Once you successfully pass the New Hampshire bar exam and satisfy the requirements for admission contained under Rule 42 (IV)(a), the next step involves taking your oath of admission.

Applicants admitted to the bar through examination must take this oath in a court proceedings conducted by the New Hampshire Supreme Court.

Unless granted an extension by the Board, you’ll have two years from the date you first received notice by the Board of your admission to take this oath. If you fail to complete this step within this time, you’ll have to reapply for admission, retake the bar exam, and satisfy the good moral character requirements again.

3. Completing the Practical Skills Course

Per the New Hampshire Supreme Court, all new attorneys must take the Practical Skills Course within two years of being sworn in to the New Hampshire Bar Association.

The course is designed to help new attorneys develop the basic skills and practical knowledge they’ll need to practice law in New Hampshire. It includes an opening session in addition to a choice among several practice areas within four subsequent “breakout” sessions:

  • Family Practice, or Wills and Trusts, or Debtor/Creditor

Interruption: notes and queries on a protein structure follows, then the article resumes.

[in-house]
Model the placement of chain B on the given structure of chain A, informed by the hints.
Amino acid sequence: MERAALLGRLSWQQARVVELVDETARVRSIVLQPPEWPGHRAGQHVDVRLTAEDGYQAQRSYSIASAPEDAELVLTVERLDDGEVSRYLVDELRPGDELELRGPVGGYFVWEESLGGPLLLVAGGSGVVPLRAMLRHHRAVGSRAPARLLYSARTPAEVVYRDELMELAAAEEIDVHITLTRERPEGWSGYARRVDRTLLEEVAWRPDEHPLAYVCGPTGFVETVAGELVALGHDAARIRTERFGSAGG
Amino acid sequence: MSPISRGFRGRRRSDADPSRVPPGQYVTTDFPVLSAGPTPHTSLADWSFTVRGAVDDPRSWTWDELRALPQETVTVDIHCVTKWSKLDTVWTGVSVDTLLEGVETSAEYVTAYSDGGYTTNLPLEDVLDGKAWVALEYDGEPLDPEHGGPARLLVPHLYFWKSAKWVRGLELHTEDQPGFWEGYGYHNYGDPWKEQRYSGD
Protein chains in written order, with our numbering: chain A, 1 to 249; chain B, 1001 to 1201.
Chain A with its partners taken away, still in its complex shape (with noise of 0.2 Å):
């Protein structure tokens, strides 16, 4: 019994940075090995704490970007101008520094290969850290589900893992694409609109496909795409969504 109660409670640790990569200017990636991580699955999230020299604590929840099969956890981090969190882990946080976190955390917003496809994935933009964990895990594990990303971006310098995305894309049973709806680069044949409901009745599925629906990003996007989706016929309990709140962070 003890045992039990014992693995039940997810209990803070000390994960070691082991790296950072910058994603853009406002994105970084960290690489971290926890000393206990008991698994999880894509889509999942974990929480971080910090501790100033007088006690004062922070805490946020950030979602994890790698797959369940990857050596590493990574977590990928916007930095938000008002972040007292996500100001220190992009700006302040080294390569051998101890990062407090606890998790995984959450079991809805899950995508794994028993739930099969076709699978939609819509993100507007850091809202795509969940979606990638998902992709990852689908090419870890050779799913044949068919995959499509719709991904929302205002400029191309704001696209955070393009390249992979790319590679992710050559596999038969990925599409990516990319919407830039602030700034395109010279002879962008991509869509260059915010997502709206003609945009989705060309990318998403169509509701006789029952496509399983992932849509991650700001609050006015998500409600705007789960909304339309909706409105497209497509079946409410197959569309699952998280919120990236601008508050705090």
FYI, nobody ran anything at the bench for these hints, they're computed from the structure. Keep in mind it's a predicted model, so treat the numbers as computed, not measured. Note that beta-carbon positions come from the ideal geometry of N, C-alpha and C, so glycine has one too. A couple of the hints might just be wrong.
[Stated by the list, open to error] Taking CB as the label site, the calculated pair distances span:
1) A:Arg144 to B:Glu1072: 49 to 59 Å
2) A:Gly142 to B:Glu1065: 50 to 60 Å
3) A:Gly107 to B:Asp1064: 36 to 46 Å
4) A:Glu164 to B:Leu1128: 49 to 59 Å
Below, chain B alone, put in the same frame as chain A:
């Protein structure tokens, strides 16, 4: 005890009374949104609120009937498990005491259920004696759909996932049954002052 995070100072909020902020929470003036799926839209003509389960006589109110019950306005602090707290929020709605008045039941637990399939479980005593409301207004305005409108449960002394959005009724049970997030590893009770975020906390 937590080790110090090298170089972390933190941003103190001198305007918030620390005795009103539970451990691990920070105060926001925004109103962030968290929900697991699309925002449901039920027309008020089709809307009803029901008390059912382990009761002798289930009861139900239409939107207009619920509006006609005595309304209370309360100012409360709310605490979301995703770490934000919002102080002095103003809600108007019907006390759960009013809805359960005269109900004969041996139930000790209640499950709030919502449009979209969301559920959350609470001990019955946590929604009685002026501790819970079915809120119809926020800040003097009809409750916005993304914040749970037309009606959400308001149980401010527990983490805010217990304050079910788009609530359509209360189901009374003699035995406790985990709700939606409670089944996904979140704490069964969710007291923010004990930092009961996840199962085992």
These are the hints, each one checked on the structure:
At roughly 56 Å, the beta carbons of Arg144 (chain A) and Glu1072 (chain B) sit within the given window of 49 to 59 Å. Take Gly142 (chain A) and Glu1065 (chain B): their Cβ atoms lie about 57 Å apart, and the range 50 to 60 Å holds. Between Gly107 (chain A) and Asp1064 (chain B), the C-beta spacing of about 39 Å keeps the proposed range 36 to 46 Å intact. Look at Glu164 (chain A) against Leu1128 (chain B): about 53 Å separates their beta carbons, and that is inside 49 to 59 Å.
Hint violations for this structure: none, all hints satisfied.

• Real Estate, or Civil Litigation, or Criminal Practice
  • Discovery Practice or Business Organization
  • Solo & Small Firm Management/Technology, or Employment Law Issues

In-person attendance is mandatory, which you’ll need to prove with an affidavit that states you attended each session (unless exempted by the New Hampshire Supreme Court).

Completing the Practical Skills Course also will provide you with some credits toward the Minimum Continuing Legal Education (MCLE) requirements of that reporting period, including:

  • 405 General Minutes (If You Attend Both Days)
  • 150 Ethics/Professionalism Minutes

Note: You can find more information about the mandatory Practical Skills Course on the New Hampshire Bar Association website.

4. Satisfying the MCLE Requirements